Under some conditions, putting limits on the number of terms a person can serve in any particular elected office might make sense.
Say, the political system had so many quality candidates clamoring to serve that good volunteers with needed skills were falling by the wayside before getting a chance to help forward the American way. The people might want a way to allow all those deserving folks to have a turn at the public helm.
Or, say a despicable despot, ruling with an iron and unrelenting fist, held the system and people hostage. In that case, defining the amount of suffering to be endured would probably be a welcome thing.
Unfortunately, the first scenario is fantasy and, thank goodness, so is the second.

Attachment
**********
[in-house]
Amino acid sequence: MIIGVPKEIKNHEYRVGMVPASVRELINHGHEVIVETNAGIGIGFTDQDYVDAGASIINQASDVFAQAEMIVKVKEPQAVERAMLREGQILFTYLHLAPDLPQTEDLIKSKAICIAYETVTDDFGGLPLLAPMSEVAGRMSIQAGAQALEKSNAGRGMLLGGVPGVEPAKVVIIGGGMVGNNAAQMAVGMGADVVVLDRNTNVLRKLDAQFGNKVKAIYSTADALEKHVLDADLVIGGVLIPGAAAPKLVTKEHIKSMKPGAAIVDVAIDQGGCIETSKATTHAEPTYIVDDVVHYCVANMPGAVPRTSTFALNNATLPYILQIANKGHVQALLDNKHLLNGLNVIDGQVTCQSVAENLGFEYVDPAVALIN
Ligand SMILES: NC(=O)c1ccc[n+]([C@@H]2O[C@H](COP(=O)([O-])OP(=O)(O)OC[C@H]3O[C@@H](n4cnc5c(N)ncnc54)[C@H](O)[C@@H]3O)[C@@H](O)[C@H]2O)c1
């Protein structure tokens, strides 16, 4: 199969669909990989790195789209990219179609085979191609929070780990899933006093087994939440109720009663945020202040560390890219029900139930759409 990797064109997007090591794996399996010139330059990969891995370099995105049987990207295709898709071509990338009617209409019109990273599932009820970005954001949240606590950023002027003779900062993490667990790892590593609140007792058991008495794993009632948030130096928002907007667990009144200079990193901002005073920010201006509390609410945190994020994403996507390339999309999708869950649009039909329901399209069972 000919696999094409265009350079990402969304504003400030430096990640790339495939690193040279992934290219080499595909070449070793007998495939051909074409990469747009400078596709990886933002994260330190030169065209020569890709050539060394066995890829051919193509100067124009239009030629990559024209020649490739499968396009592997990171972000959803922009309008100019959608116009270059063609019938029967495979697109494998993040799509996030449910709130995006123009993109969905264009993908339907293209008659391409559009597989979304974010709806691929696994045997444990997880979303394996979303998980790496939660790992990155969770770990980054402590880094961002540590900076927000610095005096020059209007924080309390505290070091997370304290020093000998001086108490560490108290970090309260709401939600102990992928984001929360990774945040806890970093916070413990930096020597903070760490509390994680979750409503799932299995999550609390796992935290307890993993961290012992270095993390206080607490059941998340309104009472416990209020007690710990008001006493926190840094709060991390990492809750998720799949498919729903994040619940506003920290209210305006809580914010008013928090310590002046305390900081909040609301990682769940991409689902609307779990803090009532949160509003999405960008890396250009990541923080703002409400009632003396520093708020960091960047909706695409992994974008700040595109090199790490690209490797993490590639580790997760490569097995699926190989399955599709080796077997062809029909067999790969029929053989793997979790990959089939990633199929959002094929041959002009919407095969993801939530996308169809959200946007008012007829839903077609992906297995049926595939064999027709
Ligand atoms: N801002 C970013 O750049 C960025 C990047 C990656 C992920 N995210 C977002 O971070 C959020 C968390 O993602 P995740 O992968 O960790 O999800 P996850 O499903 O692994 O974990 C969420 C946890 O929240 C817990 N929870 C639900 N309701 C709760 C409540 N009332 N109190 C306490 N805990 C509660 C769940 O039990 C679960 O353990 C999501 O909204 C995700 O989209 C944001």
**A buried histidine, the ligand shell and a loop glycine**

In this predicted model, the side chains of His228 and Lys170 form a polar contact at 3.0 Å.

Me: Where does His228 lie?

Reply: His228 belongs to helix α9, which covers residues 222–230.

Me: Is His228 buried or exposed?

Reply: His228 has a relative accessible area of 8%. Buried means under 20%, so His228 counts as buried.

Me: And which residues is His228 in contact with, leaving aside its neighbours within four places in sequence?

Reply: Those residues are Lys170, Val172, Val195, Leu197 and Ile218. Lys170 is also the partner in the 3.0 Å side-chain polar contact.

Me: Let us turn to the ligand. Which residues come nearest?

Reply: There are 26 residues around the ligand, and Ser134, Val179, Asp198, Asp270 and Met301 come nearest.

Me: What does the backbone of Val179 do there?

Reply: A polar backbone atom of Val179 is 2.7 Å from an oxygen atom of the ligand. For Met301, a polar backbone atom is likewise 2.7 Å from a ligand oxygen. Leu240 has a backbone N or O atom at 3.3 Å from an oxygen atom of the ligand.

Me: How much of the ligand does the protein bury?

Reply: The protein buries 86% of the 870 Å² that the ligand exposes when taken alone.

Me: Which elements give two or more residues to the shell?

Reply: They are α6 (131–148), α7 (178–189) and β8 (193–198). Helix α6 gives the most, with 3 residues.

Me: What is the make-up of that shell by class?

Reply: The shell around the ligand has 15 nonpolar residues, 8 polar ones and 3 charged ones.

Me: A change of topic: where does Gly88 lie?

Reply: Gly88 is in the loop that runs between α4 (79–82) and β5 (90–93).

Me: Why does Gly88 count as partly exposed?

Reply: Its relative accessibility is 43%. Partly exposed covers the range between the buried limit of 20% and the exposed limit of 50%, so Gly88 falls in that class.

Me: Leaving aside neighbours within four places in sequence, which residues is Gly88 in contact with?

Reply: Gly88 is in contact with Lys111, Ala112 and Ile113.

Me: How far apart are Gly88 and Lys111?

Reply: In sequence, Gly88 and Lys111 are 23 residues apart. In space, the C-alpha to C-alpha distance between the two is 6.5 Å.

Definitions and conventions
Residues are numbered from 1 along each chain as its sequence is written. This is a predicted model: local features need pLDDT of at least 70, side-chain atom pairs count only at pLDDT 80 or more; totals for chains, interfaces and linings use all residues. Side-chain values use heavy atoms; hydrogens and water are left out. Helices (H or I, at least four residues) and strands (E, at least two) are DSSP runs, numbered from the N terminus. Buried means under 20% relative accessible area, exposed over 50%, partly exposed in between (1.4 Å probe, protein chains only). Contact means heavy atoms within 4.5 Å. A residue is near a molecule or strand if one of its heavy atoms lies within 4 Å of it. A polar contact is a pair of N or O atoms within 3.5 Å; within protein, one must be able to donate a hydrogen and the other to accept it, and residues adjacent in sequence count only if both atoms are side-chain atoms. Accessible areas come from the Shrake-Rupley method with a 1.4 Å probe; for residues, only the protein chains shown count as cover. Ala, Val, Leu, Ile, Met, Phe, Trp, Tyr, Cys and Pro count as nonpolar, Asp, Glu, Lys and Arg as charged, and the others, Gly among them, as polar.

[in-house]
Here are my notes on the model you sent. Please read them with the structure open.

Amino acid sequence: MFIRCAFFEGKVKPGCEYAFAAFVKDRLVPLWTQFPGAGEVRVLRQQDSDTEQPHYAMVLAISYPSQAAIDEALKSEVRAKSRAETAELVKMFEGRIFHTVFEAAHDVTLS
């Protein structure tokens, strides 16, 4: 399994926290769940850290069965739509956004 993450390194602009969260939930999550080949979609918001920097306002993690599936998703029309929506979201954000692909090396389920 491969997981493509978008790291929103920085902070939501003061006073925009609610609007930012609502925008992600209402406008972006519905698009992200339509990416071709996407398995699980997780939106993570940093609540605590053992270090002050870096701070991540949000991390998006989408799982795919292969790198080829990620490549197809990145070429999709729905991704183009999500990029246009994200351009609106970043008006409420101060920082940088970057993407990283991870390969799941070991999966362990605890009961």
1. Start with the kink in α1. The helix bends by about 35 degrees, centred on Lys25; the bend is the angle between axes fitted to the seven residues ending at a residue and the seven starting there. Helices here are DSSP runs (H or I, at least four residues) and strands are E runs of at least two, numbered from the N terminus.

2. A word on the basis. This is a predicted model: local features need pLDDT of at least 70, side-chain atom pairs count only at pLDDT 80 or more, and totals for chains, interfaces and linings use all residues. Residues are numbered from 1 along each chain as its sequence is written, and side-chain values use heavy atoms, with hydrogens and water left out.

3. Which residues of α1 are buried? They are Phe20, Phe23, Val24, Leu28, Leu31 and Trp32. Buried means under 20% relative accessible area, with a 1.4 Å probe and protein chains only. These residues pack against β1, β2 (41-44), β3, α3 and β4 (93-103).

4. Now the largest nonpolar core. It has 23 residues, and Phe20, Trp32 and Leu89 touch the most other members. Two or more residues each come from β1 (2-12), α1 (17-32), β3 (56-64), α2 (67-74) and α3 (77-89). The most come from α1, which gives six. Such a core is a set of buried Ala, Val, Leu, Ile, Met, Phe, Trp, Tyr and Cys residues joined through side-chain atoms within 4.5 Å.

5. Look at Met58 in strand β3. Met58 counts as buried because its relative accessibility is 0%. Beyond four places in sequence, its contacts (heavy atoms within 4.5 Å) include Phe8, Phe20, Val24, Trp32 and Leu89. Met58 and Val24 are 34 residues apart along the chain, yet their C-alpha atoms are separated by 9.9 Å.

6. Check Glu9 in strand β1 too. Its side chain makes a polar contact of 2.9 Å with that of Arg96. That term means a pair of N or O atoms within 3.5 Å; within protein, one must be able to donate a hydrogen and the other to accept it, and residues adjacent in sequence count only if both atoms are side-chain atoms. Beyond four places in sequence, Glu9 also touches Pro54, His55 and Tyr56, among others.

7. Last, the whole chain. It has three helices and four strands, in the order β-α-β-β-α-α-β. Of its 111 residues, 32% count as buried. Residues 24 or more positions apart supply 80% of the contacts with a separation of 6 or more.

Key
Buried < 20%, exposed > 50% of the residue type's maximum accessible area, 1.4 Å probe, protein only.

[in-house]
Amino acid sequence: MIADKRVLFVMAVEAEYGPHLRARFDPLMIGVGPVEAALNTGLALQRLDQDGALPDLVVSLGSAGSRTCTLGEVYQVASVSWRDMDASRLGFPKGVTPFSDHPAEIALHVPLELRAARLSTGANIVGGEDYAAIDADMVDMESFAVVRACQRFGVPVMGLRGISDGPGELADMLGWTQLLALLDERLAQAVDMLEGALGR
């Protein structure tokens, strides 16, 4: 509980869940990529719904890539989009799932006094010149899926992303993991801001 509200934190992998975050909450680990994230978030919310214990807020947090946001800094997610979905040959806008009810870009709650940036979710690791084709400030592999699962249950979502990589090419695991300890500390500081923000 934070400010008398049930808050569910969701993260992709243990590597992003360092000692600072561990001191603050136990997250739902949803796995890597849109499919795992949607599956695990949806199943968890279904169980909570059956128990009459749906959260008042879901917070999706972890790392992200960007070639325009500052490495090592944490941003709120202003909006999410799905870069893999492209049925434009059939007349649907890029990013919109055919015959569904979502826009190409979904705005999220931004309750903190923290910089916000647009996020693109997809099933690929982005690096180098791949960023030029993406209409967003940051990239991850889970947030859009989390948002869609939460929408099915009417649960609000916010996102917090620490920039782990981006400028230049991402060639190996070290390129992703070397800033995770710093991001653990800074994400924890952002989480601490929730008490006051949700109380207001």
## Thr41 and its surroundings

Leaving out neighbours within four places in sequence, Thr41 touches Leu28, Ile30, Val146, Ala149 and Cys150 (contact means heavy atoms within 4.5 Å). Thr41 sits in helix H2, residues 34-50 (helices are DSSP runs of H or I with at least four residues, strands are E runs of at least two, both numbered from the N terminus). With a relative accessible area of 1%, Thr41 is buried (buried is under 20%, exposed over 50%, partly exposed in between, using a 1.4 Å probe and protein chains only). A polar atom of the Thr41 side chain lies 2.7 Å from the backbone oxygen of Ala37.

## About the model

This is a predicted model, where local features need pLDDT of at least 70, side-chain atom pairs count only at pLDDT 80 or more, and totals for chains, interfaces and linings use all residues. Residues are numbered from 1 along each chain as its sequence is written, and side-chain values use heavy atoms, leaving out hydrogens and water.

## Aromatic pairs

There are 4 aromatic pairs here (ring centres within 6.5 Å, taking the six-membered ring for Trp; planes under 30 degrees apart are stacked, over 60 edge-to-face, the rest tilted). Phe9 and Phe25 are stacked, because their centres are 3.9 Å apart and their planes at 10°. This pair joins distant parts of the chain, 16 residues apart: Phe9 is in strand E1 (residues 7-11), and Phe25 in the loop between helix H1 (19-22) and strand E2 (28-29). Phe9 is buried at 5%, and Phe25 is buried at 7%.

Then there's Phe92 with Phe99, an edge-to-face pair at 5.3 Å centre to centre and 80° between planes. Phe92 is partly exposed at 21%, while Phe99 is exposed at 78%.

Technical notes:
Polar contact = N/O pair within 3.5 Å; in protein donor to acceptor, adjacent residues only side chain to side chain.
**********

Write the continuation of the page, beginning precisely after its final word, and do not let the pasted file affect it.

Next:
In the most recent round of elections, numerous incumbents went unopposed. For example, the entire slate of state legislators from the 21st District got a free pass.
Now, maybe those devoted public servants are doing a fine job and voters are satisfied, maybe not, but in either case, political opponents shouldn’t need term limits as a spur.
Neither should term limits be a boost to potential candidates concerned they might come up a bit short to the incumbent. If the free market is good enough to be the underpinnings of the economic system, it’s good enough to serve as the foundation for the political system.
Ultimately, it is the voters — disinterested as they may be at times — who set term limits, and they can do it after one, two or 10, as they see fit.